If you don't found it easy to solve using resolution. Then use boolean logic minimization and try to get 1(TRUE) for validation.

eg:- $P:[(\neg P \vee Q)\wedge (r\rightarrow S)\wedge (P\vee R)] \Rightarrow (\neg S \rightarrow Q)$

$\equiv \overline{(\bar P+Q)(\bar R+S)(P+R)}\;+(\bar{\bar S}+Q)$

$\equiv (P\bar Q)+(R\bar S)+(\bar P \bar Q)+(S+Q)$

$\equiv \bar Q(P+\bar P)+(R \bar S)+(S+Q)$

$\equiv \bar Q + R\bar S + S+Q$

$\equiv TRUE \;(1)$
0
Why to complicate things by boolean logic and all. Just try to derive T-> F case using assignment of truth values. One value is already known of the RHS (F) To prove T->F .If you cannot generate such case then statement is valid.
+17 votes

P:  [(¬p v q) ∧ (r → s) ∧ (p v r)] → (¬s → q)

This must be valid ( All options contains P) No need to evaluate.

R:  [[(q ∧ r) → p] ∧ (¬q v p)] → r ->

This is invalid, Put q = False, P= True, R = False to derive "False" result !

S:  [p ∧ (p → r] ∧ (q v ¬ r)] → q This is valid !

->

p

P-> r

-------

r

q v ¬ r

----------

q

So Answer ->

3) P and S only
by Boss (41.1k points)
0
Good approach of option elimination..?
+3 votes
According to me, using the rules of inference like resolution principle to come up with valid conclusions is tricky since there can be multiple valid conclusions. Instead, using proof by contradiction would be the most accurate way to tackle this question. To prove that a given statement is valid (i.e. a tautology), assume that it is not a tautology. It can only be possible if the right side is false and left side is true. Using this assumption, try to put truth values of proposition variables so as to make the left side true. If it is impossible to make left side true, then the statement is invalid. Otherwise, it's valid.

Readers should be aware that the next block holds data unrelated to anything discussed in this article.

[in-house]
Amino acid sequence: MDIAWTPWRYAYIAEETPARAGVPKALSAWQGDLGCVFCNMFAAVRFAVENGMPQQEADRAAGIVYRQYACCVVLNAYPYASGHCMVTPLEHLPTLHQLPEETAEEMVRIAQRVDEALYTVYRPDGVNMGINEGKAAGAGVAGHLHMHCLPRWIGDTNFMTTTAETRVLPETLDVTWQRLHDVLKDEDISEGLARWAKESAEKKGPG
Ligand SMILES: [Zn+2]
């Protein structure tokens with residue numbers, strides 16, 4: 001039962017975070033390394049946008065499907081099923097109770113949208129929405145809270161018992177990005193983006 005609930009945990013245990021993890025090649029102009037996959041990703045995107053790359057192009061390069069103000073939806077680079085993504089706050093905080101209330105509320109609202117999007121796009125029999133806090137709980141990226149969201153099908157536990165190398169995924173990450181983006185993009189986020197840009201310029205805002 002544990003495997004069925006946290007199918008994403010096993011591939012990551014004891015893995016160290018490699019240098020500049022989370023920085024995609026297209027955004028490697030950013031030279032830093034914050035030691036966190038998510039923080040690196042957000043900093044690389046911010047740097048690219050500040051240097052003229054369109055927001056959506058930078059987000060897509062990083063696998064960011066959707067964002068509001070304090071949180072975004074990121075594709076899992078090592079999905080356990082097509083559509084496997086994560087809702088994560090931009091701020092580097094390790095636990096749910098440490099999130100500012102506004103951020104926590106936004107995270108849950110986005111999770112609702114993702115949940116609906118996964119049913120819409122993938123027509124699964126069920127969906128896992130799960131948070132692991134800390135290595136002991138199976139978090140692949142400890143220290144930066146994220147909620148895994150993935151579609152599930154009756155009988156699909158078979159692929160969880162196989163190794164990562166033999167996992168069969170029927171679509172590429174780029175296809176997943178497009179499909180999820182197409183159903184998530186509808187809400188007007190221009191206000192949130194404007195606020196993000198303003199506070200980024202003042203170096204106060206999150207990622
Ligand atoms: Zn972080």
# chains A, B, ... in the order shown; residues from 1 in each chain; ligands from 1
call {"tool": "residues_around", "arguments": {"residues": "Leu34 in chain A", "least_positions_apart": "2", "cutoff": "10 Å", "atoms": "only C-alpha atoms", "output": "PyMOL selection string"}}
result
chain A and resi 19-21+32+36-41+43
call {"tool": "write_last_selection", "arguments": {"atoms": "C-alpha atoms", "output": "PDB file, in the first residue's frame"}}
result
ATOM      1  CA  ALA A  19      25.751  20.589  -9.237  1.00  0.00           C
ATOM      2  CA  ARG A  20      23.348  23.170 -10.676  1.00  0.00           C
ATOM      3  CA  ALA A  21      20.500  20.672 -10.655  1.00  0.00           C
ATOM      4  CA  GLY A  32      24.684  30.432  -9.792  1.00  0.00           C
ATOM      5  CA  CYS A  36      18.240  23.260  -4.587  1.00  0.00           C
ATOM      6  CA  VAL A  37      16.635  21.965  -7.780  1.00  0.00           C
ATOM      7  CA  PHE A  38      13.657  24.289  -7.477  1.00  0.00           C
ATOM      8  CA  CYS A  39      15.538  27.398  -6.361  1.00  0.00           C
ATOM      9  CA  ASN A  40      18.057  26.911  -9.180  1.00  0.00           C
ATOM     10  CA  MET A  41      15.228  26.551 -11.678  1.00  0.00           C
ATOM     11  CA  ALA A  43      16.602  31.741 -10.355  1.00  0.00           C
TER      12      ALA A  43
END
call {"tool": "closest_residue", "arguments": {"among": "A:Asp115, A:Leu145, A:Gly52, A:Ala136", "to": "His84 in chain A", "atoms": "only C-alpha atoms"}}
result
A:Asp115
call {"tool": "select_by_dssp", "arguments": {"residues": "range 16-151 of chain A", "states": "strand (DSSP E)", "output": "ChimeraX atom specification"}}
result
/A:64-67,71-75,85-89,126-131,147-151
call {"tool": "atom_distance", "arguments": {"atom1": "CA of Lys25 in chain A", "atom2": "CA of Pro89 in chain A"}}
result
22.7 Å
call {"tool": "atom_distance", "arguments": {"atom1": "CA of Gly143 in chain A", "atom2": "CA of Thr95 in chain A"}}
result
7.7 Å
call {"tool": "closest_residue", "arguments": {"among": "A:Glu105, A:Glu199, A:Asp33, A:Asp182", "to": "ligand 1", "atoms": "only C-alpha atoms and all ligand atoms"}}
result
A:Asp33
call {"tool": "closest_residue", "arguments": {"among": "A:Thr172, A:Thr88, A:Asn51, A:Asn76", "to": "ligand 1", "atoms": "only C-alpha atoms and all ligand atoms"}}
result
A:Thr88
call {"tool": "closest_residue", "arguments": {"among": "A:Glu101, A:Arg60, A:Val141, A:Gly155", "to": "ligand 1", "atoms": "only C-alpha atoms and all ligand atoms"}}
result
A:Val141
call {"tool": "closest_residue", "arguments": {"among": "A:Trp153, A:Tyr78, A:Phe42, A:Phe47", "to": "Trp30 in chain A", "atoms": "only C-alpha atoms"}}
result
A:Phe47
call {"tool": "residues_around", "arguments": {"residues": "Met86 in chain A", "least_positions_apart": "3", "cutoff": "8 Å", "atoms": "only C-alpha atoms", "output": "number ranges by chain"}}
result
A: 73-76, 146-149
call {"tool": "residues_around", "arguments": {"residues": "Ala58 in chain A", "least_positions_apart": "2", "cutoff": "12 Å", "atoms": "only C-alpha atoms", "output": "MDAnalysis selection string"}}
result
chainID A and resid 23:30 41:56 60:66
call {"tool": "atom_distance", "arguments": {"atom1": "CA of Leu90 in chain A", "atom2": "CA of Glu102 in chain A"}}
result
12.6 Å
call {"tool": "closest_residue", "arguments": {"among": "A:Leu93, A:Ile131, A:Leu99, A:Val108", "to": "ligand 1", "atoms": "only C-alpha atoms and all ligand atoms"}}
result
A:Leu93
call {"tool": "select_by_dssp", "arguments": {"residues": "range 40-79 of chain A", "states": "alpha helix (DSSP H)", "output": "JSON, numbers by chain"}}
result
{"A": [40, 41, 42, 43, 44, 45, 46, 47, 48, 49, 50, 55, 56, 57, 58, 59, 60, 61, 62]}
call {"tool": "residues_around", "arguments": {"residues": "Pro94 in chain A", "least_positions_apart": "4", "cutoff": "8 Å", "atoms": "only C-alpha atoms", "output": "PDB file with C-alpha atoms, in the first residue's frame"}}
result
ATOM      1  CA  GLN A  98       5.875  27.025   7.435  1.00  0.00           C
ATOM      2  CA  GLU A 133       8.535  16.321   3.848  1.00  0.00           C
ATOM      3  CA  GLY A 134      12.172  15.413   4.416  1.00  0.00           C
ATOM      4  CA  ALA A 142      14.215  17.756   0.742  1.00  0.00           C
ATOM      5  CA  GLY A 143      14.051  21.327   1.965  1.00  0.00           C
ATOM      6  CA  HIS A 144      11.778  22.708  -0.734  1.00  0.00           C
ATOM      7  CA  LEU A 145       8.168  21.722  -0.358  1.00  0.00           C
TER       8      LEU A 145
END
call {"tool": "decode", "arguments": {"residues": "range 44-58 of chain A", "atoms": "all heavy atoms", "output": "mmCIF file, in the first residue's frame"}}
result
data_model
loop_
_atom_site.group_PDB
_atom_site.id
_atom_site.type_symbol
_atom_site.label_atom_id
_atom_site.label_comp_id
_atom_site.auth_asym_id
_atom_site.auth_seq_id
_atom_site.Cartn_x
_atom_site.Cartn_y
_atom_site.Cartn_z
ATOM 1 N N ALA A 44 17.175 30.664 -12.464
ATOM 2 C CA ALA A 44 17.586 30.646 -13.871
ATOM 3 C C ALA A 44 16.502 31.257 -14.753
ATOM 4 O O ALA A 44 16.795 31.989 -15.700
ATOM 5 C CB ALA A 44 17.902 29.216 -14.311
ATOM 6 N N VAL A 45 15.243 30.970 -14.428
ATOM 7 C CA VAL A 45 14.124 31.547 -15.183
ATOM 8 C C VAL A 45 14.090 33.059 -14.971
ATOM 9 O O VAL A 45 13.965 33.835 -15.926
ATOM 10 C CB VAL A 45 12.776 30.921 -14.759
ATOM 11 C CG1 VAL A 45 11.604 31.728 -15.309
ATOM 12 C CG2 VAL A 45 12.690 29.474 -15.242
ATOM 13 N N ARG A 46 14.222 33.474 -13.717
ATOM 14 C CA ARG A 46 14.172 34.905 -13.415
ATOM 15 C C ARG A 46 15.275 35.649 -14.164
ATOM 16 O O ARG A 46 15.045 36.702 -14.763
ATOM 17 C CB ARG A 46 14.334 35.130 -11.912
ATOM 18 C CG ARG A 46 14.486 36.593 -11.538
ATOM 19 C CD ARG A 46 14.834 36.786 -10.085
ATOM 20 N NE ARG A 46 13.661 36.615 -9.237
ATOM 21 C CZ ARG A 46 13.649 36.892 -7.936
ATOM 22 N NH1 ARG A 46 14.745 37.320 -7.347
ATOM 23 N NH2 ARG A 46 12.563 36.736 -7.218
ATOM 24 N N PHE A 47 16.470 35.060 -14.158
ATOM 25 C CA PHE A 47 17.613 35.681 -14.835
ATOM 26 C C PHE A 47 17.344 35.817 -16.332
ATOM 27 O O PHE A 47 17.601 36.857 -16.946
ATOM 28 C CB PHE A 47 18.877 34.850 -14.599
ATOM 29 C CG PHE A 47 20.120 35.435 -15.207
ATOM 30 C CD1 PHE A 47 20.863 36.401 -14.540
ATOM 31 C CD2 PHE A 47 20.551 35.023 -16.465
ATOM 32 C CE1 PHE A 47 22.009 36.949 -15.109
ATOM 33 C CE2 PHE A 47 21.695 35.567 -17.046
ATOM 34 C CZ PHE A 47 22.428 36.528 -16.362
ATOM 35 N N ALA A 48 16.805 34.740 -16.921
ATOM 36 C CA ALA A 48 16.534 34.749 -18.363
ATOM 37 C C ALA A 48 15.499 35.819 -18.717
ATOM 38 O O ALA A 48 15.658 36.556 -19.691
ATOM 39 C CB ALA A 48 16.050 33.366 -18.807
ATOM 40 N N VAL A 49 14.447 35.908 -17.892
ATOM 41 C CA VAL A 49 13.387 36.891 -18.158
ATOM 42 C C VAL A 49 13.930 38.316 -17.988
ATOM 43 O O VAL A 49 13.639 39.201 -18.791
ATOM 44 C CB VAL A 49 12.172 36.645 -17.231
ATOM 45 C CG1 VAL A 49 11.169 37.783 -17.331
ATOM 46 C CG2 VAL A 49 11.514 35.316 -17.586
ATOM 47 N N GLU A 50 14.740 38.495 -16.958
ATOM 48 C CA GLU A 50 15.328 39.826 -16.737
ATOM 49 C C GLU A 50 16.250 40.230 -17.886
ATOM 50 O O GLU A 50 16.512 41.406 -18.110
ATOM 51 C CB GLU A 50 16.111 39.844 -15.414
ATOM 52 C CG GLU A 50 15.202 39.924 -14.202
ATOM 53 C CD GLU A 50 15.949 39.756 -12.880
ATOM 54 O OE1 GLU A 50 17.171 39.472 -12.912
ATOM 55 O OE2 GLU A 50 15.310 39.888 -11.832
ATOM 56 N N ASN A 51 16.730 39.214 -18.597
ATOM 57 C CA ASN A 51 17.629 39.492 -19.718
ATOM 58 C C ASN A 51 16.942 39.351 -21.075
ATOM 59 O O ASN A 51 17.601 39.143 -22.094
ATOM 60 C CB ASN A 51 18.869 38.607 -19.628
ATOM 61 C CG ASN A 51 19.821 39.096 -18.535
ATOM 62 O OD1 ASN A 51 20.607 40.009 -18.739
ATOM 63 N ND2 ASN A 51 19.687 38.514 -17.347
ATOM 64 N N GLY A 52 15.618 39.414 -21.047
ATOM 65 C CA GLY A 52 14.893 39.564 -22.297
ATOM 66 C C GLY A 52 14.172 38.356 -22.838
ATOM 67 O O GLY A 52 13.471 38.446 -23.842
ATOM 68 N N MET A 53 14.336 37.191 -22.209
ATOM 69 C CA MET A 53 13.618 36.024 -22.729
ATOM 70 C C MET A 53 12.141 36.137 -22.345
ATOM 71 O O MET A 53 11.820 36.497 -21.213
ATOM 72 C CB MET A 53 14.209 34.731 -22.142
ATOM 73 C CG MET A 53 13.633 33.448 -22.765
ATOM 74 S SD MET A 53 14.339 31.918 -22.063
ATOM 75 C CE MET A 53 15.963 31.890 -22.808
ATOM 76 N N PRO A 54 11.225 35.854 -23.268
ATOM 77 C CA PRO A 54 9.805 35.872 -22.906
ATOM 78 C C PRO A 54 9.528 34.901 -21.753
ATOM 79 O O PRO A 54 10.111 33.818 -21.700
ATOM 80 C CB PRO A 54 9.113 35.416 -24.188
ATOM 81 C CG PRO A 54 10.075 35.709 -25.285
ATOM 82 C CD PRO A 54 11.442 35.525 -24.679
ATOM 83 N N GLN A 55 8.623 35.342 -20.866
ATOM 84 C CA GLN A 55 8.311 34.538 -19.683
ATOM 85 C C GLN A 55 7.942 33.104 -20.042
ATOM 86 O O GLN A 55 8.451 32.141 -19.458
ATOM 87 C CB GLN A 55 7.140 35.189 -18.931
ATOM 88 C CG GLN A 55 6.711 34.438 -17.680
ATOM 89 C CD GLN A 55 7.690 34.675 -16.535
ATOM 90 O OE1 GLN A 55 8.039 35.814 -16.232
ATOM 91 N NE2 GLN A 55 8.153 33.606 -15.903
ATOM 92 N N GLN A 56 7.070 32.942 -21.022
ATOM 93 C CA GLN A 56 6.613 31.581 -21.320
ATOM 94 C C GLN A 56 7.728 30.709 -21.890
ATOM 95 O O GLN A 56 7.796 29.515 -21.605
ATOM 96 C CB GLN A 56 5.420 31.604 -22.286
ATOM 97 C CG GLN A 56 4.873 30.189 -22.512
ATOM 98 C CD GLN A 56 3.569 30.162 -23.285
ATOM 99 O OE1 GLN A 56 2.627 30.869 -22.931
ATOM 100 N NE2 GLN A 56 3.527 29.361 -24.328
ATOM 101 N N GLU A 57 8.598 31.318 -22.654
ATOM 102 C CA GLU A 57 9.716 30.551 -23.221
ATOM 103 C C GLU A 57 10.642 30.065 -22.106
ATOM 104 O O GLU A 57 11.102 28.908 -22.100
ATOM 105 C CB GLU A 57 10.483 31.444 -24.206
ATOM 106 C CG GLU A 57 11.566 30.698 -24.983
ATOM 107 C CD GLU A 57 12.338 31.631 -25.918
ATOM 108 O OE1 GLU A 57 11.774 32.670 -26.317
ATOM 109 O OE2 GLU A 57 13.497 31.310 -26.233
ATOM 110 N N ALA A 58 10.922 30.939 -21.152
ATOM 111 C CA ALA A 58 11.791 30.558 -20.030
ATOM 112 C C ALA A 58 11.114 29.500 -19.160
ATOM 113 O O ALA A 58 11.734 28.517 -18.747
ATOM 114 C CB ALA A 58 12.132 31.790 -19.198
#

Another way is to convert the statement into a combination of negation, conjunction and disjunction operators and then simplify the statement as much as possible so that the end result is no more minimisable. If the result is a T, then it is valid. Else, it is invalid.

One more way is to draw the truth table of the statement. If all the values are true, then the statement is valid. Otherwise, it is not.

The last two methods are time-taking. The first method is the best.
by Active (1.7k points)
0
In simple terms assume conclusion to be false.

Case 1(valid): if conclusion is true and you have assumed it false then atleast one premises will be false.

Case 2 (invalid): If conclusion if false and you assume it's opposite, and still you are able to make all premises true, then it is invalid
0

 If it is impossible to make left side true, then the statement is invalid. Otherwise, it's valid.

this one is wrong  

+2 votes
let p->q is conditional proposition here p and q are compound propositions itself
Arguments to be valid if all combinations have to be tautology ( like T->T, F->T, F->F ) and its invalid if it have fallacy ( T->F )
if we somehow get this fallacy (T->F) then an argument is invalid
for options P and S u don't get any such combinations for T->F so P and S are VALID.
for option Q : if we put p=F,q=T,r=T then we get T->F so it is INVALID
for option R : if we put p=F,q=F,r=F then we get T->F so it is INVALID

so Ans is C.
by Active (2.6k points)
+1 vote
Option 3

Both P and S are valid... I used truth table
by Active (2.6k points)
0 votes

Answer is option C.

 

by Active (1.9k points)
Answer: